When I was part of the U.S. Food and Drug Administration’s (FDA) Entrepreneurs-in-Residence program 2012-2013, I learned the cardiovascular industry hosted full-day town hall meetings where they invited all stakeholders in the industry (regulatory, scientists, surgeons, contract research organizations, insurance companies, service providers, and medical device manufacturers) to the table for frank discussions about the state of their industry. At the time I thought, “Why doesn’t orthopedics do that?”
Because I work primarily with small businesses—the Empirical family of companies provides mechanical testing and regulatory consulting—I’ve seen the knowledge gap first-hand. Larger companies actively engage with industry groups like Orthopedic Surgical Manufacturers Association and AdvaMed. But smaller companies or lone surgeons with great ideas and big dreams are often out of the loop. They can miss key changes, often don’t know about new guidance documents, or have a hard time navigating a regulatory path.
Fortunately, representatives from FDA, American Academy of Orthopedic Surgeons (AAOS), and industry organizations also recognized the need for direct discussion, and have been working to host such an event. The AAOS/FDA/Industry Townhall is taking place March 24, 2020, at the AAOS annual meeting in Orlando.
All the stakeholders will converge here to discuss what’s happened in the past year—research, breakthroughs, regulation, problems—and what’s new coming up the next year. This is a chance to gather as an industry for our shared goal—improved patient outcomes.
I strongly encourage my peers and colleagues to attend this meeting. The goal is to establish a forum for some deep, honest discussions, share important news, and foster productive relationships to move our industry forward. The agenda, exact time, and location have not yet been finalized. (Check the AAOS website closer to the conference date for details.)
Dr. Raymond Golish, chair of the AAOS Biomedical Engineering Committee, is moderating a panel of top industry leaders he said will be tackling topics that require open, frank discussion.
“The thesis of this town hall is that it’s a provocative, interactive forum to rethink how these…stakeholder groups work together to create innovation in the 21st century,” Golish said.
Given global, domestic, and industry-specific challenges, the future of orthopedics and patient health depends on open lines of direct, honest communication.
“The reason why we need to rethink this as opposed to business-as-usual is that currently innovation in orthopedic care faces stiff headwinds,” Golish said. “The headwinds are due to challenges in venture funding all the way through payor affairs.”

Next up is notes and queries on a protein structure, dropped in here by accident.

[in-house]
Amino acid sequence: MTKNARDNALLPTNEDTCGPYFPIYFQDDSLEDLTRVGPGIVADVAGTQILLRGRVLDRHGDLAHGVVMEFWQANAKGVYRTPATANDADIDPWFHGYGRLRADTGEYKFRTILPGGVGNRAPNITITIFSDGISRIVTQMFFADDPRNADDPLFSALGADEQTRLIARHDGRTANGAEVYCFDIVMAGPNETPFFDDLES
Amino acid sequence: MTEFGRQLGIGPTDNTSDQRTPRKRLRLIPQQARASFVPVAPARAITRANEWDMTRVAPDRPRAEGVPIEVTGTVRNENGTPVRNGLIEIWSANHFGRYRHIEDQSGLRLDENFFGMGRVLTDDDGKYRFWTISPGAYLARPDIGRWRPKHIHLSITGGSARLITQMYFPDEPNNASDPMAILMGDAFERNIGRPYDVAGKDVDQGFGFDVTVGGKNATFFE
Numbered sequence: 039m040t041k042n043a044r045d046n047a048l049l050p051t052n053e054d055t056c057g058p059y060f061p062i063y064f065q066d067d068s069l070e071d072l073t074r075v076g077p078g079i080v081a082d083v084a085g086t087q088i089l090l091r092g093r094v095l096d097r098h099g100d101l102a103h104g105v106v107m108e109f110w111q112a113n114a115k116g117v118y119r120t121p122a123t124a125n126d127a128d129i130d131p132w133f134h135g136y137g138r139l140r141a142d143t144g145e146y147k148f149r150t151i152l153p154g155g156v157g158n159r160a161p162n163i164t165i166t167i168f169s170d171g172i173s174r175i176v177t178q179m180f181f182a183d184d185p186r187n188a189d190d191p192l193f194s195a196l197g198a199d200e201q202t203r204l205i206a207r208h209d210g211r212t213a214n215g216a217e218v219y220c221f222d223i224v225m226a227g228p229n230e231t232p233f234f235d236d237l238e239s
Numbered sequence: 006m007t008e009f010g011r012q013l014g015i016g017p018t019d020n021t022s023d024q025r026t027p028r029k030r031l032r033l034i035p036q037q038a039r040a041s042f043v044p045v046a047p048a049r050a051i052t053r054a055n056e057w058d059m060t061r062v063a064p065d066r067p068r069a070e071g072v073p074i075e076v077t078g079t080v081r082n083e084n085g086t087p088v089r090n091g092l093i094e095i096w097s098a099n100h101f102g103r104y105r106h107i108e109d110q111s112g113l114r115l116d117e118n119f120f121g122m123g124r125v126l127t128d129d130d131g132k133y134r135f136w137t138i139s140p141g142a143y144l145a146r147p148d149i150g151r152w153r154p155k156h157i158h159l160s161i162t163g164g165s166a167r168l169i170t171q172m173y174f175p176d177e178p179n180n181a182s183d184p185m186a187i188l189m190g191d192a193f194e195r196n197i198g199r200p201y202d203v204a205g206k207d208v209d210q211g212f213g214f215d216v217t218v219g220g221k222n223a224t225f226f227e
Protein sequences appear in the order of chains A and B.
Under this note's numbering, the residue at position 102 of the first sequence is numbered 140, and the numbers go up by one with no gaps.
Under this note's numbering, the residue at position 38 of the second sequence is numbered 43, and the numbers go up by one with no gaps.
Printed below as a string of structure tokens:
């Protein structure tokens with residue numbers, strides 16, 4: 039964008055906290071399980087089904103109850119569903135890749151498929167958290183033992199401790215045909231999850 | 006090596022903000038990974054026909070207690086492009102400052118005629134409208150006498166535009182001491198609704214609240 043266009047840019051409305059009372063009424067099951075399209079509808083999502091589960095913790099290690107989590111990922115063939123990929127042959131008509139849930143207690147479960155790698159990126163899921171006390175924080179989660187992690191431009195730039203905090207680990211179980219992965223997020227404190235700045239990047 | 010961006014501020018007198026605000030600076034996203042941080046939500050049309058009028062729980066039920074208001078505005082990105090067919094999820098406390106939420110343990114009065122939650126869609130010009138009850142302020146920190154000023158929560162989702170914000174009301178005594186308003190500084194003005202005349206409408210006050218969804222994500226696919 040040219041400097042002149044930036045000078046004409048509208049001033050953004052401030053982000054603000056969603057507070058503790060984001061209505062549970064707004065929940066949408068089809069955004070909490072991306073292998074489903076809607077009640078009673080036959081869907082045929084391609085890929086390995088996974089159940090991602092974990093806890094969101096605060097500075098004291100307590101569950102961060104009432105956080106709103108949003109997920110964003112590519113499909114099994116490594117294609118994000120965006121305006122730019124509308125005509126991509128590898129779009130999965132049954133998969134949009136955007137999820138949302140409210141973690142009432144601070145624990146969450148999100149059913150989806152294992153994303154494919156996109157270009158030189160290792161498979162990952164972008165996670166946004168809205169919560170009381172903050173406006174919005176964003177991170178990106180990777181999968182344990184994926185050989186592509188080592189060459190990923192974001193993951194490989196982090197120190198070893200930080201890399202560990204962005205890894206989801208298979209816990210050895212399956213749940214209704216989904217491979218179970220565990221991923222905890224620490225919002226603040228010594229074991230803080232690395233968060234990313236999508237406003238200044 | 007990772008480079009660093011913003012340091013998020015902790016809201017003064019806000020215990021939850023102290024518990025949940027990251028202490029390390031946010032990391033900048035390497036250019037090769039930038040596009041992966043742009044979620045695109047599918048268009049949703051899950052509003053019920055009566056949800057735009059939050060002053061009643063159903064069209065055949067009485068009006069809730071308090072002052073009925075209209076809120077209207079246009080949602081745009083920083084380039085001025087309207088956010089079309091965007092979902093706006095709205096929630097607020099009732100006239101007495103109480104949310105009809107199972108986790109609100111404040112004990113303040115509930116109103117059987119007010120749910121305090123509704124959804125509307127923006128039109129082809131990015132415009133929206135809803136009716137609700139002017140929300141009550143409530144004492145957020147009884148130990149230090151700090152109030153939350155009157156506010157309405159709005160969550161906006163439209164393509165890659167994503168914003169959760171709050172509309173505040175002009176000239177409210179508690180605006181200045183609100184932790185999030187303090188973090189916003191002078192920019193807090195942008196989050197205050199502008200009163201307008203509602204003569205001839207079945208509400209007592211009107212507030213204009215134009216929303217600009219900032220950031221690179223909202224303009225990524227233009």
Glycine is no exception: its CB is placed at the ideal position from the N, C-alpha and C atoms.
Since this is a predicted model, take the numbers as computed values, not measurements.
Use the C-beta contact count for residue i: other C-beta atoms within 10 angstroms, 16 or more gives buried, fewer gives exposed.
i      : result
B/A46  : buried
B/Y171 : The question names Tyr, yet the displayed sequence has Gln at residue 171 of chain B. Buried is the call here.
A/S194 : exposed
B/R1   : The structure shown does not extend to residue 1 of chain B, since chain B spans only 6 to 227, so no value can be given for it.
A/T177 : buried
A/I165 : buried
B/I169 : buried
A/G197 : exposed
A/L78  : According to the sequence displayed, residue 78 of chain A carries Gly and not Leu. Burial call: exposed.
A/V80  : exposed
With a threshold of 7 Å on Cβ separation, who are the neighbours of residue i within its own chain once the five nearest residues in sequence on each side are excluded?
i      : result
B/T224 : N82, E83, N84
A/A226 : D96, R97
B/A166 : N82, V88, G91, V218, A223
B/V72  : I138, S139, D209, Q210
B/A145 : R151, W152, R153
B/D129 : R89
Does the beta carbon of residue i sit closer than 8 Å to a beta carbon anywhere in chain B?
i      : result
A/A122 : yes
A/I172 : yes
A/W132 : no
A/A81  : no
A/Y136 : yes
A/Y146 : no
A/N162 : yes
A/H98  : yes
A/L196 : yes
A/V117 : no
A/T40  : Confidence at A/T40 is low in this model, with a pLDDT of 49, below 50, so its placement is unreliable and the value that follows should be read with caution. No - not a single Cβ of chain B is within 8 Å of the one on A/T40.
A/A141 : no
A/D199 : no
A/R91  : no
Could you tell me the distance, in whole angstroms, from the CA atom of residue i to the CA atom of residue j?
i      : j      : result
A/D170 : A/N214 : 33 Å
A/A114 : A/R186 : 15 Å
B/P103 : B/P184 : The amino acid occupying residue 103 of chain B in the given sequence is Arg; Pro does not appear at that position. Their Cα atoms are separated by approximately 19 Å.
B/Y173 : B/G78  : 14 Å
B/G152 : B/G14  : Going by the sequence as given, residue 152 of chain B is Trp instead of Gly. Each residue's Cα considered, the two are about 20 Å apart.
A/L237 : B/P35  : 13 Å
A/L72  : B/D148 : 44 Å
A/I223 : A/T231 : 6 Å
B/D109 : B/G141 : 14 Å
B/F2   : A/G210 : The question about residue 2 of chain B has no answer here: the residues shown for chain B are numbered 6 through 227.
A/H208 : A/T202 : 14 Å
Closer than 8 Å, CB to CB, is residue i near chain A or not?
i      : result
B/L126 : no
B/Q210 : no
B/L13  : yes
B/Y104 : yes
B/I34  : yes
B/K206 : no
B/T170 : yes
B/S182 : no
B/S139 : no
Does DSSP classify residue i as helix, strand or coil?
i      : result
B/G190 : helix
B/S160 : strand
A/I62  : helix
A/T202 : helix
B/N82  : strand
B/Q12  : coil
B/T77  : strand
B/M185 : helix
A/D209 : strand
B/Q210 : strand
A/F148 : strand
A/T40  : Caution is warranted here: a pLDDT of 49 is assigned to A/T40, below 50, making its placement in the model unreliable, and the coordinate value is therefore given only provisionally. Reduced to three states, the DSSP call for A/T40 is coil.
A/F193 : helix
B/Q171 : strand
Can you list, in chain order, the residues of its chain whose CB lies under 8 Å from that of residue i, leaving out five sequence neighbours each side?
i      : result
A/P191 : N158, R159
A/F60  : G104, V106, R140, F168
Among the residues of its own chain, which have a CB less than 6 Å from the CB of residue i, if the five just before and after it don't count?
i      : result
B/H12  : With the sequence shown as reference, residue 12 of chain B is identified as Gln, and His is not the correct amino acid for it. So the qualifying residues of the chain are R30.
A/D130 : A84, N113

The regulatory community has played a huge part in moving this town hall forward. FDA was extremely receptive to bringing our community together for an open forum. For the past year, they’ve assigned a dedicated group to work with AAOS to launch this conversation to maintain momentum and advance the industry.
“Improved patient care is intimately connected to improved technology,” Golish said. “The extraordinary success of orthopedic surgery is supported by a lot of factors, but one is certainly technology. We have to work hard at fostering an ecosystem of innovation for this to continue.”
To support that ecosystem, we have to be discussing the best way to make that happen. The foundation of innovation is built on the free flow of ideas. This initial town hall’s goal is to convene people with questions and people with answers.
“It’s not a coincidence that the AAOS has reorganized its charges and strategic plan around quality and value,” Golish said. “Independently but simultaneously, the FDA has reorganized its strategic plan around quality and total product lifecycle. Industry is looking for new ways to use these paradigms to continue innovating.”
It’s a new approach to an old challenge: How do we work together to do better by our patients? I believe we start by congregating in the same room with open minds and an open mic. Golish agreed.
“I wouldn’t be enthusiastic about it if it were just another talking shop and business as usual,” Golish said. “This is really designed to take a fresh approach.”
Dawn Lissy is a biomedical engineer, entrepreneur, and innovator. Since 1998, the Empirical family of companies (Empirical Testing Corp., Empirical Consulting LLC, and Empirical Machine LLC) has operated under Lissy’s direction. Empirical offers the full range of regulatory and quality systems consulting, testing, small batch and prototype manufacturing, and validations services to bring a medical device to market. Empirical is very active within standards development organization ASTM International and has one of the widest scopes of test methods of any accredited independent lab in the United States. Because Lissy was a member of the U.S. Food and Drug Administration’s Entrepreneur-in-Residence program, she has first-hand, in-depth knowledge of the regulatory landscape. Lissy holds an inventor patent for the Stackable Cage System for corpectomy and vertebrectomy. Her M.S. in biomedical engineering is from The University of Akron, Ohio.